[development] hook_nodeapi()

Scott McLewin drupal at mclewin.com
Wed Jan 3 17:46:48 UTC 2007


It is, as you suggested about halfway down, about guaranteeing the 
calling order.  If I write a module that defines a new node type, I want 
to guarantee that my loading code is called before any other module 
attempts to modify the node through hook_nodeapi().  This is where 
hook_load()/hook_save() et. al. are necessary.

For the purpose of being a module author, hook_nodeapi() is called on 
every active module in an arbitrary order.  While it is the system 
weights order internally, as a module author you cannot guarantee that 
your module will be run at a given weight relative to other modules that 
are using hook_nodeapi() to modify it, even with a fresh new install 
system.  The more modules that are active on a site, the more load-order 
challenges you may have.  I only rely on system weight for modules on 
sites where I've written a module that will only run on that site and 
nowhere else.

hook_load() is a very simple (and clean) solution to this ordering 
challenge.  For a simple deployment where a node-defining module is not 
augmented by any other module I can see where one could argue that 
hook_load() and hook_nodeapi(op=load) are identical.  When you get into 
a site with more than a handful of custom/contributed node types they 
become different in a crucial and subtle way.


Fernando Silva wrote:
> I do not quite understand that. Let's assume the "example.module" that
> creates a new node type.
> I'll must use the "example_load()" hook to load some data from an 
> extra table:
> function example_load($node) {
>  $additions = db_fetch_object(db_query('SELECT * FROM {mytable} WHERE
> nid = %s', $node->nid));
>  return $additions;
> }
> But then, if I use "example_nodeapi()" instead the code should be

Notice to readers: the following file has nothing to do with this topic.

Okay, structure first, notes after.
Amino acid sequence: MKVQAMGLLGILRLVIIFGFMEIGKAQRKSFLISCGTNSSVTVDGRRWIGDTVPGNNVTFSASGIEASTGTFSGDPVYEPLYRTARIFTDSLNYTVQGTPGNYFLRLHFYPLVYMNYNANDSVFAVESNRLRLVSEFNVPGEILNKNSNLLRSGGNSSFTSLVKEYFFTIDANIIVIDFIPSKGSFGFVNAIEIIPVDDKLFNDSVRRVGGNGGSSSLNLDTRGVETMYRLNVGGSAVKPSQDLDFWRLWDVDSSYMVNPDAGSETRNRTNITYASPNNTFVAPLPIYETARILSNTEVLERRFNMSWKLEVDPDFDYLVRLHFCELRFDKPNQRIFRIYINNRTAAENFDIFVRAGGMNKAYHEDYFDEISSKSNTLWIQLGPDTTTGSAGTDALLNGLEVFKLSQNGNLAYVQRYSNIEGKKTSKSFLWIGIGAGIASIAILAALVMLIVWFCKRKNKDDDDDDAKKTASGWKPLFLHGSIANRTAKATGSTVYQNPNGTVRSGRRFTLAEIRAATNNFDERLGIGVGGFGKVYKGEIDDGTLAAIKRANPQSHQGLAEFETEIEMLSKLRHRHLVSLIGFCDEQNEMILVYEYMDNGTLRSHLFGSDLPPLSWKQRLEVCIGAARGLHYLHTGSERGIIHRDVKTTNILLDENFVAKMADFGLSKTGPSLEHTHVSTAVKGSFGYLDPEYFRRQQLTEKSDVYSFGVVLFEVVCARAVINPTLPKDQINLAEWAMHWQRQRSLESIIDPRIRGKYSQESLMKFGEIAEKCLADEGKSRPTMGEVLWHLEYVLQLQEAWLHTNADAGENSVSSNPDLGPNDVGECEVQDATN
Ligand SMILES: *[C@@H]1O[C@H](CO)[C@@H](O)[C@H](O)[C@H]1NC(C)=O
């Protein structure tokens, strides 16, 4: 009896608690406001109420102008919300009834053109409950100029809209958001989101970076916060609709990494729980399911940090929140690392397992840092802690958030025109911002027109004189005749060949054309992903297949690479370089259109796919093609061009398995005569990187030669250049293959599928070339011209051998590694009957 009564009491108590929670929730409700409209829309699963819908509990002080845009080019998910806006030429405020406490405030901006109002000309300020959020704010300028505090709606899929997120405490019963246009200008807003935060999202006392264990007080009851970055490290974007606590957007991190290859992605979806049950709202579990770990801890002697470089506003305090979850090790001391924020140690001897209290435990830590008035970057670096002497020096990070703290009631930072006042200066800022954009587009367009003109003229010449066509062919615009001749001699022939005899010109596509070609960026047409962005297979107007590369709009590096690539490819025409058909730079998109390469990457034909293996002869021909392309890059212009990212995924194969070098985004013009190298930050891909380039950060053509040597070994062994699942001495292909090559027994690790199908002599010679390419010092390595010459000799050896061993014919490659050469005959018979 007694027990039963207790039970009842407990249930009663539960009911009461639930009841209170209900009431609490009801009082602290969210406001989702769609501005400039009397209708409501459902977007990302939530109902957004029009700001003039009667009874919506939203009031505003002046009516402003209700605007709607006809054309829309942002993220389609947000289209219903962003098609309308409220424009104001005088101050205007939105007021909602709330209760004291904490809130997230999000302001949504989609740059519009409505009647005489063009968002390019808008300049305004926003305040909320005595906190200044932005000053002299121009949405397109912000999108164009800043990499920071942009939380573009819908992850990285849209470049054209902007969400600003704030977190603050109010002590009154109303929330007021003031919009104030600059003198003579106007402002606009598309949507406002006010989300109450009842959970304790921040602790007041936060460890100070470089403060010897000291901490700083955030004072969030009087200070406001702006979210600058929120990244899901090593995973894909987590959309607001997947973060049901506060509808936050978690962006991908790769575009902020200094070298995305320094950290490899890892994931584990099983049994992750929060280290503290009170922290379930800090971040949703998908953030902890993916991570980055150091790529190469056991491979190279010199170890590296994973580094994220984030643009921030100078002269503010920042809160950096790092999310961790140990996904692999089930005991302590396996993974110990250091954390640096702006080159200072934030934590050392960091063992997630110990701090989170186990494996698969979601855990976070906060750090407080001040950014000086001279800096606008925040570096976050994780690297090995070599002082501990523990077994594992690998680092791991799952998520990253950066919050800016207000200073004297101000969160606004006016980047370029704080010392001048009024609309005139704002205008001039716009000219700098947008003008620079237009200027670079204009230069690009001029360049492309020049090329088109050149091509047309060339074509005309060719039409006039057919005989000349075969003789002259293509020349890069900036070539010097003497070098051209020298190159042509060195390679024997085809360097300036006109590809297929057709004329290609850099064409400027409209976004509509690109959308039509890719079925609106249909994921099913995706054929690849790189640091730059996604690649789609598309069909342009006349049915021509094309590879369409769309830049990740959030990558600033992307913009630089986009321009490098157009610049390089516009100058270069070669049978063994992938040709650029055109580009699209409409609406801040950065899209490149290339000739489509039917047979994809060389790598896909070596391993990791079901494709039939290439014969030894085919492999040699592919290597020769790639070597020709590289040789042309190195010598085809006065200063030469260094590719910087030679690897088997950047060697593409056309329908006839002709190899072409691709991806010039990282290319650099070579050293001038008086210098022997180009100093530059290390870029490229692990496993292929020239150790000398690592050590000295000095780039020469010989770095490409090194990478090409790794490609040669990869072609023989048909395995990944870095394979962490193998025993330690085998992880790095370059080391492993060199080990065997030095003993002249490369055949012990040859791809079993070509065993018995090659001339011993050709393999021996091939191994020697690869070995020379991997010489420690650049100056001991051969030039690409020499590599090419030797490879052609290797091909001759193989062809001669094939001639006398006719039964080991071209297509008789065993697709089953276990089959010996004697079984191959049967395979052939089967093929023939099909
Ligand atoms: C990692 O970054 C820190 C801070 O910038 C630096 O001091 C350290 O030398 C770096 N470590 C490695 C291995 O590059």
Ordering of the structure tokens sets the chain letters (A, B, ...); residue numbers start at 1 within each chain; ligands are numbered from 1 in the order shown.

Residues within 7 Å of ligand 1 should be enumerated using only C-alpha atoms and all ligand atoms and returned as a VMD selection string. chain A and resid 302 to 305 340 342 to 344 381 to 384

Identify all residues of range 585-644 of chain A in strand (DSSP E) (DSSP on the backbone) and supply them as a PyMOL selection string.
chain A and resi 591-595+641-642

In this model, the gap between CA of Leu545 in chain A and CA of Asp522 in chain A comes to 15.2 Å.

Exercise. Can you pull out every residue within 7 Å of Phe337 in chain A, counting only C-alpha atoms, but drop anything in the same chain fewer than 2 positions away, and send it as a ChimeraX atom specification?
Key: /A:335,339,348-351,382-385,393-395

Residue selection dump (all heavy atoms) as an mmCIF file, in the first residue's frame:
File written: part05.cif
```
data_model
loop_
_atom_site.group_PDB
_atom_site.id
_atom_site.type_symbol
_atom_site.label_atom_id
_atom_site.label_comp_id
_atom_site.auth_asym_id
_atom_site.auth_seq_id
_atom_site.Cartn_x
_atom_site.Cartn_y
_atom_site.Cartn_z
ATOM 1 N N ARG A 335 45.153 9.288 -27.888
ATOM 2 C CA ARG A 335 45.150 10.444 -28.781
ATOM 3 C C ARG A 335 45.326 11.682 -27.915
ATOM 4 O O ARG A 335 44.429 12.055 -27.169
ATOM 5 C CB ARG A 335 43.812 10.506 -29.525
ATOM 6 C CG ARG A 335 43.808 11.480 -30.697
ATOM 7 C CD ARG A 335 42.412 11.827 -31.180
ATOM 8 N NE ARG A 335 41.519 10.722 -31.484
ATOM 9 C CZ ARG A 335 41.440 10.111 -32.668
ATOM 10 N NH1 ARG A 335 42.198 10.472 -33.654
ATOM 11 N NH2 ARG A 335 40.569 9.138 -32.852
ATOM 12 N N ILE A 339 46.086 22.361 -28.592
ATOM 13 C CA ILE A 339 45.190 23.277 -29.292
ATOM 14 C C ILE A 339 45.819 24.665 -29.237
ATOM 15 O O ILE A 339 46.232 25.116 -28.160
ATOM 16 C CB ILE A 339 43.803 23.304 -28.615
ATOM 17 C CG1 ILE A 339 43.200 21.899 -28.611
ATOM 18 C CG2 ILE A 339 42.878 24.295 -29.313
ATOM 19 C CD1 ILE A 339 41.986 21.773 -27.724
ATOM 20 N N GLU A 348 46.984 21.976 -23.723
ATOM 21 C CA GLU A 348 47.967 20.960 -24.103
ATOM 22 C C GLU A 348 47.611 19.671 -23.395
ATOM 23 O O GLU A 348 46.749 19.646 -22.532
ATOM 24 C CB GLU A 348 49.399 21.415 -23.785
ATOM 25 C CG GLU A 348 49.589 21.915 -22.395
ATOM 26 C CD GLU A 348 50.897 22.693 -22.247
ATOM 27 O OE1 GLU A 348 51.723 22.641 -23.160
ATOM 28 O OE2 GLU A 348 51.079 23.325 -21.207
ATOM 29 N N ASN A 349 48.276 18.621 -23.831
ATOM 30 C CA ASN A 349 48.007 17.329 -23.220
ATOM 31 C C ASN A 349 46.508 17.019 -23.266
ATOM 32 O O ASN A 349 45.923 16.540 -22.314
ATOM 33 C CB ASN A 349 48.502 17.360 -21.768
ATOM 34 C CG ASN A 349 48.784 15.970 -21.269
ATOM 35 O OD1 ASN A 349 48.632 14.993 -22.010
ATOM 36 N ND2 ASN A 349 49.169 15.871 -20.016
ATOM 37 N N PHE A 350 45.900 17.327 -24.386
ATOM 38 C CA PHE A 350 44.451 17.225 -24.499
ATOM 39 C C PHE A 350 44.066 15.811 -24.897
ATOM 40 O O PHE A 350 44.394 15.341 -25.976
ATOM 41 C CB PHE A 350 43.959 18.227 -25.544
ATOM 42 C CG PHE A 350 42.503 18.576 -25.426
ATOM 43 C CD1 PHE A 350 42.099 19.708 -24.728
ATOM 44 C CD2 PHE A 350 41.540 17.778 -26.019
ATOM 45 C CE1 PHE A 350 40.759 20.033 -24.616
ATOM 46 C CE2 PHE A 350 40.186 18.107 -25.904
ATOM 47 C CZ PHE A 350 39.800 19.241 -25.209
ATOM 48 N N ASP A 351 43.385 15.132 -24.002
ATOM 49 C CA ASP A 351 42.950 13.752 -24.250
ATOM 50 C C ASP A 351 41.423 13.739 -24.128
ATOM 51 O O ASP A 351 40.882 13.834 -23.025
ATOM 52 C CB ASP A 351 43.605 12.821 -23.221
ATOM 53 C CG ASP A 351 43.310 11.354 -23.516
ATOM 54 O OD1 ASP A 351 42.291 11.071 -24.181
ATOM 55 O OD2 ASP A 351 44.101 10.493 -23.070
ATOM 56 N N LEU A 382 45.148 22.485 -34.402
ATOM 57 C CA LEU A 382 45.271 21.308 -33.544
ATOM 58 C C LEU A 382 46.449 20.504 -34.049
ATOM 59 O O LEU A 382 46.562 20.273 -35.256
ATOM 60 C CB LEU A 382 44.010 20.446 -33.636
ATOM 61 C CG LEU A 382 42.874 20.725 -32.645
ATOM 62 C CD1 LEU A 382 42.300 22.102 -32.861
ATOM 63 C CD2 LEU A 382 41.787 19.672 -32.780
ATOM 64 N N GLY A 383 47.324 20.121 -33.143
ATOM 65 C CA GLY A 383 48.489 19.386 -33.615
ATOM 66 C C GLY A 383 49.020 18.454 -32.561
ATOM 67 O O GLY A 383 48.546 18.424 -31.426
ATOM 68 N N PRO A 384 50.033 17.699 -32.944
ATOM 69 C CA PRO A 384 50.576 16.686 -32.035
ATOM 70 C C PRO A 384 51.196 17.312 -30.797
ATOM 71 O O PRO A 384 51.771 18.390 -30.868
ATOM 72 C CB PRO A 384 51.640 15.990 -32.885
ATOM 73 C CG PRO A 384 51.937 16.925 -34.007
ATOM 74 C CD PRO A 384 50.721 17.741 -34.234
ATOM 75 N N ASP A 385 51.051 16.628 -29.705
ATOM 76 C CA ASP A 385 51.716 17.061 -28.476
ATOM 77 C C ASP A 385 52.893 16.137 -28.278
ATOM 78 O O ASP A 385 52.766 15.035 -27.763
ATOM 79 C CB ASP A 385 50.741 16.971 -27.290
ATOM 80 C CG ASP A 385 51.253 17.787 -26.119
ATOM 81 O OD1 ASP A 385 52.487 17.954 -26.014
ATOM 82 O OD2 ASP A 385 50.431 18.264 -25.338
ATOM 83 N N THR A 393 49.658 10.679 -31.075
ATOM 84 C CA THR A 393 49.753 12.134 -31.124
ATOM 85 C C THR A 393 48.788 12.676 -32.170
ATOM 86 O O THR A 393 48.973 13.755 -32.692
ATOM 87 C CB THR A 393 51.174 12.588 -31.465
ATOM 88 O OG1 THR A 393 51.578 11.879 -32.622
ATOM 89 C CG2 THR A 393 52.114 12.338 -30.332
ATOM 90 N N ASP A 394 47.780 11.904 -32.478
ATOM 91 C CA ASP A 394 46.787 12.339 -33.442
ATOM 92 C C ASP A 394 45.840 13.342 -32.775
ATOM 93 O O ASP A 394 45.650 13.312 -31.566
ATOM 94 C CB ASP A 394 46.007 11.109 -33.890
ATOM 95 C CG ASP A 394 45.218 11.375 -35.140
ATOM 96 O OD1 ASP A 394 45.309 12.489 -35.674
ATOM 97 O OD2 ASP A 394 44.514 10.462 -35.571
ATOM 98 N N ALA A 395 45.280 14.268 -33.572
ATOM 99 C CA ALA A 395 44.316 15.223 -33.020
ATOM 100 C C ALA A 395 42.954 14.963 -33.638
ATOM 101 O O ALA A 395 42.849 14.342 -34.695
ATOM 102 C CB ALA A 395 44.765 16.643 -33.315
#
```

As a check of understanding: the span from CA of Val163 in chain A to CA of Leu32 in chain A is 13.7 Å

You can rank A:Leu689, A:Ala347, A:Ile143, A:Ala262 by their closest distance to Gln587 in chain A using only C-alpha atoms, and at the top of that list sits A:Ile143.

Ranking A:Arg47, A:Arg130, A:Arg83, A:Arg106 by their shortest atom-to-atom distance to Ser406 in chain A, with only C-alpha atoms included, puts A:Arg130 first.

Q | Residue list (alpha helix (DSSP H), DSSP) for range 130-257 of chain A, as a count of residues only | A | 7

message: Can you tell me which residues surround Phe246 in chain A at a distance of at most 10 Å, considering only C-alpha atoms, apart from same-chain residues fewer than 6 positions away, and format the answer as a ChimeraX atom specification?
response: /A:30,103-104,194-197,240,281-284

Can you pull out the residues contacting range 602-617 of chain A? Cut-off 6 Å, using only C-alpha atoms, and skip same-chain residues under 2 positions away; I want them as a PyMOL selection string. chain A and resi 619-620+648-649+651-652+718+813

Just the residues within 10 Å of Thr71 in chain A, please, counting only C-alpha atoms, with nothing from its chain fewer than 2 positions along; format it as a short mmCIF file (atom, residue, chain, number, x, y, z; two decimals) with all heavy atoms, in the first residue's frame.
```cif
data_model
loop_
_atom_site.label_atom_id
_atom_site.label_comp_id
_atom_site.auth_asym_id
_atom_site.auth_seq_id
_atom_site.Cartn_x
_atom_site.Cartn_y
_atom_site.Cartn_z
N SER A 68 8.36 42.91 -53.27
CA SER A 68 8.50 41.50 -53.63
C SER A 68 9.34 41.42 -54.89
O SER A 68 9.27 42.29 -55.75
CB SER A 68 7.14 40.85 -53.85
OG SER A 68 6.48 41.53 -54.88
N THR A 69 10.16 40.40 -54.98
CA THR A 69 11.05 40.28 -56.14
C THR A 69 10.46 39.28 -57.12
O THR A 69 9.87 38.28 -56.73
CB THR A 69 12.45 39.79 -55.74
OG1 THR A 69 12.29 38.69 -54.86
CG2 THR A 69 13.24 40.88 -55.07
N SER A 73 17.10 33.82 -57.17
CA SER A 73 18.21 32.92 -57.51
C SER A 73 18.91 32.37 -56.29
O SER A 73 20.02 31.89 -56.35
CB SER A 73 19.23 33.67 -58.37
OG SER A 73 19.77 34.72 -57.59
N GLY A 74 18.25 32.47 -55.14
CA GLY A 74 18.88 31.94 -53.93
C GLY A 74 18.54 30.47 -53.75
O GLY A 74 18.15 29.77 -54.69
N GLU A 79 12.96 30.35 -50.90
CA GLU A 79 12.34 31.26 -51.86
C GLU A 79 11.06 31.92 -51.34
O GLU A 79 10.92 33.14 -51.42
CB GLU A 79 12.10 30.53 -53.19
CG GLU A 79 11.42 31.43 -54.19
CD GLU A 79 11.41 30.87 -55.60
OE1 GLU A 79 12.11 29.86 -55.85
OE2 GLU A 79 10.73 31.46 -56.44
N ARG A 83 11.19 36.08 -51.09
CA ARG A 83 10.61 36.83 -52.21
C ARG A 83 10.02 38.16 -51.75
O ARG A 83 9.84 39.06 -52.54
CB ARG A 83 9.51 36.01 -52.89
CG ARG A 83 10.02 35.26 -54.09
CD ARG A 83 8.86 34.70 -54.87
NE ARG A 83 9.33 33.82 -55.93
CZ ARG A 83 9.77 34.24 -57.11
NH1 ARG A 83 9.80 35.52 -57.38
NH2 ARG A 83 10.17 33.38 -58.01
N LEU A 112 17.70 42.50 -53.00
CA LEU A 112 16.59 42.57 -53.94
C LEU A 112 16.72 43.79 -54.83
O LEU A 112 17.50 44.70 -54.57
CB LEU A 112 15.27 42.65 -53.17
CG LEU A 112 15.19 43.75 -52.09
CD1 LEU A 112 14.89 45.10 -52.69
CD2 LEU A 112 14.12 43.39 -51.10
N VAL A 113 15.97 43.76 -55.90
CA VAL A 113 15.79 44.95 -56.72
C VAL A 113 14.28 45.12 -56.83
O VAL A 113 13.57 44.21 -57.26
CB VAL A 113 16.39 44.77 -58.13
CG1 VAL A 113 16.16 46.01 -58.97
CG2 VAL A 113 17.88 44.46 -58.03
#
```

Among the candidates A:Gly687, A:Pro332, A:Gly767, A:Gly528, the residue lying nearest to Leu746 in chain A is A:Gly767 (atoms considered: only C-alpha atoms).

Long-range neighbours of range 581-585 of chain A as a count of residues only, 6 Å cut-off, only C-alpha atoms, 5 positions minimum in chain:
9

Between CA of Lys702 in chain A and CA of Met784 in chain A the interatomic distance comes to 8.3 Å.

> something like this:
> function example_nodeapi(&$node, $op, $a3 = NULL, $a4 = NULL) {
>  switch ($op) {
>    case 'load':
>      $additions = db_fetch_object(db_query('SELECT * FROM {mytable}
> WHERE nid = %s', $node->nid));
>      return $additions;
>  }
> }
> It's the exact same code, but we also need to have sure that both API
> functions run at exactly the places. If we go to the node.module, in
> the node_load() function we have at the lines 525 and 531 we have
> *exactly* the same code to invoke both APIs.
> This means, that when the nodeapi() is invoked with other $op it is
> already loaded. Or else, you can be saying that if another module (eg.
> "intercept.module") wants to intercept the 'load', the node will not
> be 'loaded':
> * example.module implements a new node type
> * node_load() will load example.module new node type by doing hook_load()
> * intercept.module will do something to the example.module node by
> using nodeapi()
> Is this a correct conclusion, or I am missing something?
> This seems to me a bit strange, because in this case the only reason
> we have hook_load() and hook_nodeapi('load') is because we can't get a
> way to enforce the correct 'loading' order with hook_nodeapi.
> Or can we?! If with the new "install system" we have module
> dependencies, why can't we have a way to give priorities to those
> dependencies...
> As a side note, this behaviour is implemented since Drupal 4.6
> Thanks,
>  Fernando Silva
> On 1/3/07, Gerhard Killesreiter <gerhard at killesreiter.de> wrote:
>> Fernando Silva wrote:
>> > node_load()
>> > if ($extra = node_invoke($node, 'load')) {
>> > foreach ($extra as $key => $value) {$node->$key = $value;}}
>> > if ($extra = node_invoke_nodeapi($node, 'load')) {
>> > foreach ($extra as $key => $value) {$node->$key = $value;}}
>> >
>> > node_save()
>> > node_invoke($node, 'insert');
>> > node_invoke_nodeapi($node, 'insert');
>> > node_invoke($node, 'update');
>> > node_invoke_nodeapi($node, 'update');
>> >
>> > node_delete()
>> > node_invoke($node, 'delete');
>> > node_invoke_nodeapi($node, 'delete');
>> >
>> > The conclusion is that the "nodeapi" is the way to do things, and that
>> > the other way was just keeped as unnecessary compatibility, and should
>> > be quickly deprecated.
>> I don't think that this is a valid conclusion. /If/ you create your own
>> node type and it has an extra table you should use the basic hooks.
>> Because then your node will already be fully populated once it gets into
>> nodeapi and other modules can act on the full node.
>> Cheers,
>>         Gerhard

More information about the development mailing list